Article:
• To date, the semester is running smoothly. I attribute summer planning on the front end (for the continuation of remote instruction) as being critical to the success of the semester. Student feedback on the decision to remain remote has been mixed. I have some students that are doing well and thriving with remote instruction while others are frustrated and find remote instruction to be very overwhelming.
  • Students are demonstrating increased ease with coming “on camera” and discussing course topics with each other. The breakout rooms allow the instructor to easily mix/match students to share ideas.
  • I am brand new to Trinity and am loving teaching here!

Sample staff comments:

  • I think the work at Trinity seems to be moving on without issue. I continue to be concerned about our nation, vaccine rollout, increasing virus strains, economy, etc…..seems like things will be tough for a bit longer before things start to improve. I thought we would have been further in the recovery at this point.
  • With the restrictions mandated in place by the mayor. I learned that we are working according to their regulations. I am thankful that Trinity has made this process extremely flexible. Especially with dealing with all the uncertainties.
  • This time last year, I was stressed about disemployment, but now I have a stable full time job. I also appreciate that the facilities are clean at all times. I also appreciate that everyone wears masks the majority of the time if not at all times. I feel that this time around, I know what to expect and what to take better care of. I am still very stressed out, but I am also hopeful that this will end soon.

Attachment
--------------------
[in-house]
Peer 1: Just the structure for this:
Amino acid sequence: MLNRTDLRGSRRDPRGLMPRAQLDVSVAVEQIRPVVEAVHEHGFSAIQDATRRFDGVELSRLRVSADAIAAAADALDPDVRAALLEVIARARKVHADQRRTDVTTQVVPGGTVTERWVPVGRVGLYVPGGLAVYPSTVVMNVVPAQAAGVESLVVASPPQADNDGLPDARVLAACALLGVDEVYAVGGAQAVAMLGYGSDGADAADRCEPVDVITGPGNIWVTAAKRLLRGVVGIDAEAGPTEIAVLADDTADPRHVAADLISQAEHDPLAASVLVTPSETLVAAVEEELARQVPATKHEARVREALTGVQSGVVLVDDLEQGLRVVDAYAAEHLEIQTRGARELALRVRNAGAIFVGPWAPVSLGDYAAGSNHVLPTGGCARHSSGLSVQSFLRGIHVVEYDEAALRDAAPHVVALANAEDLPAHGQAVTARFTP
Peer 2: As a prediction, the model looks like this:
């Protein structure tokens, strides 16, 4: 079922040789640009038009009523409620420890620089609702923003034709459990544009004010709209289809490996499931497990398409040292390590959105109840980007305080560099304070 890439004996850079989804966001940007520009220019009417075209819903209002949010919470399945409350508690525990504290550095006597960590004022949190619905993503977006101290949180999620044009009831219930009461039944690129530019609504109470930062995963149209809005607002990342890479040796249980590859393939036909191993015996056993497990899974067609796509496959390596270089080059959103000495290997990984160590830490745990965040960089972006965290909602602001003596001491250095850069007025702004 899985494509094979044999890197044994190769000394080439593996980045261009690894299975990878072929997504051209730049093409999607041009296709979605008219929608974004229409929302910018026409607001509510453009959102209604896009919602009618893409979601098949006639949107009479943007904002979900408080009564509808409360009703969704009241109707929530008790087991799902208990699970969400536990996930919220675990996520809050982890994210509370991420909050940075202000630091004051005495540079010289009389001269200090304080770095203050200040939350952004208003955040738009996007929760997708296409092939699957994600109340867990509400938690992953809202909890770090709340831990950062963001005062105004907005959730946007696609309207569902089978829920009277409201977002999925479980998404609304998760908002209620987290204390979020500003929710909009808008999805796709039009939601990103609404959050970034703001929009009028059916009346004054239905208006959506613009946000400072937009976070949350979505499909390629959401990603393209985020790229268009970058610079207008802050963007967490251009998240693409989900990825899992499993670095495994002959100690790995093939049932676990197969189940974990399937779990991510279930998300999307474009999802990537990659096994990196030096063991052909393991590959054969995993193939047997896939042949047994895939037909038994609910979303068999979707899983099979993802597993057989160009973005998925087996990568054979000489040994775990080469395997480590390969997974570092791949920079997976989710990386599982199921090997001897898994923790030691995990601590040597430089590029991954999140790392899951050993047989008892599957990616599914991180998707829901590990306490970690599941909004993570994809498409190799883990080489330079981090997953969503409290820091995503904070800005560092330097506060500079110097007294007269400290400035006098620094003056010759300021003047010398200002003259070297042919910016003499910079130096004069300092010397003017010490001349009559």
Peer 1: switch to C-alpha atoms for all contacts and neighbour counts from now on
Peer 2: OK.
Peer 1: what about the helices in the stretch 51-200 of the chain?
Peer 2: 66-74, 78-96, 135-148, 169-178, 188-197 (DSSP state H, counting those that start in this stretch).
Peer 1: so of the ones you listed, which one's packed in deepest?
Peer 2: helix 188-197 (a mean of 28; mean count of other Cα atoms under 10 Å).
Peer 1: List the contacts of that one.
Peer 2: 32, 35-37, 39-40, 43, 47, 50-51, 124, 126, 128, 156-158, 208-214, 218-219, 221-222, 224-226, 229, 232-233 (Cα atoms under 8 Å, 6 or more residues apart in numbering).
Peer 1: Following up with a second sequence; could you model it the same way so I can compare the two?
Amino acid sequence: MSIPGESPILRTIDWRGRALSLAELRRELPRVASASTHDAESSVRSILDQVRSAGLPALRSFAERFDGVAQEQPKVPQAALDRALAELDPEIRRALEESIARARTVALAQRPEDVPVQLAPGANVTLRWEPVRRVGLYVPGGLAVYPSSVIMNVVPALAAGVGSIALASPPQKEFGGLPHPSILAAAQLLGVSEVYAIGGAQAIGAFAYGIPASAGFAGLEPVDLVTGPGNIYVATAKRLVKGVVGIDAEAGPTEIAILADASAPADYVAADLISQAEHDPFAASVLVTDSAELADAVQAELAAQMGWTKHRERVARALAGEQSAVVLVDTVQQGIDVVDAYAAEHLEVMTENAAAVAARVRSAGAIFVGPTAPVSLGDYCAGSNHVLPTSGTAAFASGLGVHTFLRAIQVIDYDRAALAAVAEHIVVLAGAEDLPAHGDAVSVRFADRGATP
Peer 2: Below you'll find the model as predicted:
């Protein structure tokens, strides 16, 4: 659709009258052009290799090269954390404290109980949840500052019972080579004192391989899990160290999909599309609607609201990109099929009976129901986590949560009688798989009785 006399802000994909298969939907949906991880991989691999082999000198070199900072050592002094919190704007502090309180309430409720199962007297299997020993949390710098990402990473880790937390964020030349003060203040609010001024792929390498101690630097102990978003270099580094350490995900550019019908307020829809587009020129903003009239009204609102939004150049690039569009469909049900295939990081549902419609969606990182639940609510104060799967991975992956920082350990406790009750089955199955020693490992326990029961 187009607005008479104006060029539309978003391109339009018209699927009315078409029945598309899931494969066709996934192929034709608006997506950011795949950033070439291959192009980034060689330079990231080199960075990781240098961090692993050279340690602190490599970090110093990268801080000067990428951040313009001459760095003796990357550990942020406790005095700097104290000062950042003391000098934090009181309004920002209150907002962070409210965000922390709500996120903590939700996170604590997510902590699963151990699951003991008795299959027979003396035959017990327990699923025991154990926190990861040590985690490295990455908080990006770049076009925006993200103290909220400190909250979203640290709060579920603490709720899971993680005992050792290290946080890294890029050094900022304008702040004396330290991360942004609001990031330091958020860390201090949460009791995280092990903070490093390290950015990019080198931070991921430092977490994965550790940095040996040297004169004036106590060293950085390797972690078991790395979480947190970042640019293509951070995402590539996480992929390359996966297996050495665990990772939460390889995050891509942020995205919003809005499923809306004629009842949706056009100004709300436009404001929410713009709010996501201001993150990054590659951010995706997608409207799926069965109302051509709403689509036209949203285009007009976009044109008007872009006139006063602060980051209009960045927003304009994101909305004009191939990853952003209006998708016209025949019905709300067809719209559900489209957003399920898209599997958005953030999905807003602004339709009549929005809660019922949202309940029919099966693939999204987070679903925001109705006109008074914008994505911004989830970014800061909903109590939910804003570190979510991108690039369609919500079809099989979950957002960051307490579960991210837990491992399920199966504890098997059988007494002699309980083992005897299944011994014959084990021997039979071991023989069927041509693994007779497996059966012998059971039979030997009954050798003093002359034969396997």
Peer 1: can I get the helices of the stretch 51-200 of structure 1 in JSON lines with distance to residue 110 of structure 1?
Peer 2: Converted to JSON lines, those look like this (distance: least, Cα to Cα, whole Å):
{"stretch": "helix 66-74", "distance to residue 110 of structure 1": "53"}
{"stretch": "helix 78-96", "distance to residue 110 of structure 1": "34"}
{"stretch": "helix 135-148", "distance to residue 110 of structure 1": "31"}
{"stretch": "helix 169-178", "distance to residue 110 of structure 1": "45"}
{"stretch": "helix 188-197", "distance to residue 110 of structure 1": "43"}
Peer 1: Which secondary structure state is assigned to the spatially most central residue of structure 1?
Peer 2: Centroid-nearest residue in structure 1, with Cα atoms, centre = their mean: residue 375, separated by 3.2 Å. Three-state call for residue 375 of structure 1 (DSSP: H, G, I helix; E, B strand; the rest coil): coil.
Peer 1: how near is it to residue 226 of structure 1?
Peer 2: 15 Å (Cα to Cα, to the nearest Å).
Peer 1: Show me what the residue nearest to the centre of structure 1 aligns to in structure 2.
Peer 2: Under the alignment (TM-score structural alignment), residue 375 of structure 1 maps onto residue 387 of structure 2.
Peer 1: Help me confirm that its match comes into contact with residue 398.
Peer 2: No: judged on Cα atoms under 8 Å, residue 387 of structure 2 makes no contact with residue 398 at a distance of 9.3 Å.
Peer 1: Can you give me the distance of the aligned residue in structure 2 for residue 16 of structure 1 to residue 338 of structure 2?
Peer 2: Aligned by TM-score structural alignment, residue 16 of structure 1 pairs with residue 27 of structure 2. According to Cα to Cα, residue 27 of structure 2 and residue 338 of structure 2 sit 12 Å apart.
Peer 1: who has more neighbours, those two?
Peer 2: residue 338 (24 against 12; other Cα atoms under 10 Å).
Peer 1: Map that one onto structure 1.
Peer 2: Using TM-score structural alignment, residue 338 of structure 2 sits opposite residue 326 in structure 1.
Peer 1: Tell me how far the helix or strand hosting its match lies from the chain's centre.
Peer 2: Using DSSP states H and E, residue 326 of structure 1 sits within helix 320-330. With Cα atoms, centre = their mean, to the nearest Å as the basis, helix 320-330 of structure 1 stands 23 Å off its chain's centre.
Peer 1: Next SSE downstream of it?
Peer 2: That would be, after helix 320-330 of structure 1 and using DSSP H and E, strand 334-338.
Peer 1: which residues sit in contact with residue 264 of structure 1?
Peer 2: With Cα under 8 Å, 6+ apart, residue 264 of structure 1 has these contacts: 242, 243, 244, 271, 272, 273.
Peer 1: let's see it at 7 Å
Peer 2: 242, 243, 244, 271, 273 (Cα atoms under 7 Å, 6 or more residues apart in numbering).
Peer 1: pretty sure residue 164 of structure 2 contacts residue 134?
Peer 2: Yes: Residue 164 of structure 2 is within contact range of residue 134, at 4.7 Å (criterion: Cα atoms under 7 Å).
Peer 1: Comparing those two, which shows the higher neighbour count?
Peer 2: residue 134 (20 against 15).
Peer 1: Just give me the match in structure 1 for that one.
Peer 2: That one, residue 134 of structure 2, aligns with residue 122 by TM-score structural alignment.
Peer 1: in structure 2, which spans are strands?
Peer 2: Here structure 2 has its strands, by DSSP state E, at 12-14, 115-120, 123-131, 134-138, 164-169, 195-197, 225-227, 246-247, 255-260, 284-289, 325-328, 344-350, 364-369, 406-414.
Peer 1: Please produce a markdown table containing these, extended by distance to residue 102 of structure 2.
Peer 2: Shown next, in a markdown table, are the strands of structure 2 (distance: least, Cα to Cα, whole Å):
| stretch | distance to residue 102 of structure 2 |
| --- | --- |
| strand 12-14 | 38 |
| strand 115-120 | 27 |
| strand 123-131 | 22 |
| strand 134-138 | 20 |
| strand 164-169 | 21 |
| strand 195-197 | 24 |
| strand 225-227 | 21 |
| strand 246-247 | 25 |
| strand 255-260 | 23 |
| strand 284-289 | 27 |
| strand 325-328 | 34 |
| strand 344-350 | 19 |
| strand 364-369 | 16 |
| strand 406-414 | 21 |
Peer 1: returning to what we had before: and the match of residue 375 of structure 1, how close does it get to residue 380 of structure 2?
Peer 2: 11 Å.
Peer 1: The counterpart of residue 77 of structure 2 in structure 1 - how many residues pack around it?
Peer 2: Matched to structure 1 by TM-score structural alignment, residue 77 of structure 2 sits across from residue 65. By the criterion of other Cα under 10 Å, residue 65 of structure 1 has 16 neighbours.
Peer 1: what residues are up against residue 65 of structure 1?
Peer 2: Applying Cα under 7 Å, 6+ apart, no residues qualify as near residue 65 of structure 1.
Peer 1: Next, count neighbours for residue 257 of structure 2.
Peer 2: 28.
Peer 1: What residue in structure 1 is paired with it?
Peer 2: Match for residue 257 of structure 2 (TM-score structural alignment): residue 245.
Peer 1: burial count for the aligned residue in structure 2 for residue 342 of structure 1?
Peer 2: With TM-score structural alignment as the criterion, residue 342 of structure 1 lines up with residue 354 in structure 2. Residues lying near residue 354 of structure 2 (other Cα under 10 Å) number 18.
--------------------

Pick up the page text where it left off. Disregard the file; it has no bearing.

• Since pivoting in March of 2020, online instruction has come a long way in a short amount of time. Everyone from faculty, staff, and students have acclimated rather well. It’s almost become business as normal. Instructors have enhanced their skills with Moodle, students have increased their skills using Zoom, and everyone sees how doing so has catapulted the university to a new level; one of the positive things we can say has come of the pandemic. The university has adjusted, grown, and leveled from the circumstance at hand. Trinity is now coasting during the Spring 2021 semester.
  • I believe Trinity needs to implement more efficient rules when it comes to student’s visiting offices. Too many students have come into offices without checking with security and it is a shock to the staff. I think limiting how many students can come in only due to the rises in cases of COVID.

Now switching-up the order of reporting responses to get to the key question about Fall 2021 planning:

Question 6: Planning for Fall 2021

We invited input on planning for Fall 2021 and this will be the main topic we discuss in the Campus Conversations on Thursday at 4 pm.  Overall, as the chart above reveals, there is nearly universal agreement that masks and social distance must continue to be required.  On the other end of the spectrum, there seems to be strong concurrence about two things:  the vaccine should not be mandatory, and returning to face-to-face classes will only come when everyone really feels safe.  Faculty and staff want to continue to choose whether to be present on campus.  Students want traditions restored and athletics.  These are all important issues that have different implications that we will continue to discuss as the semester moves along.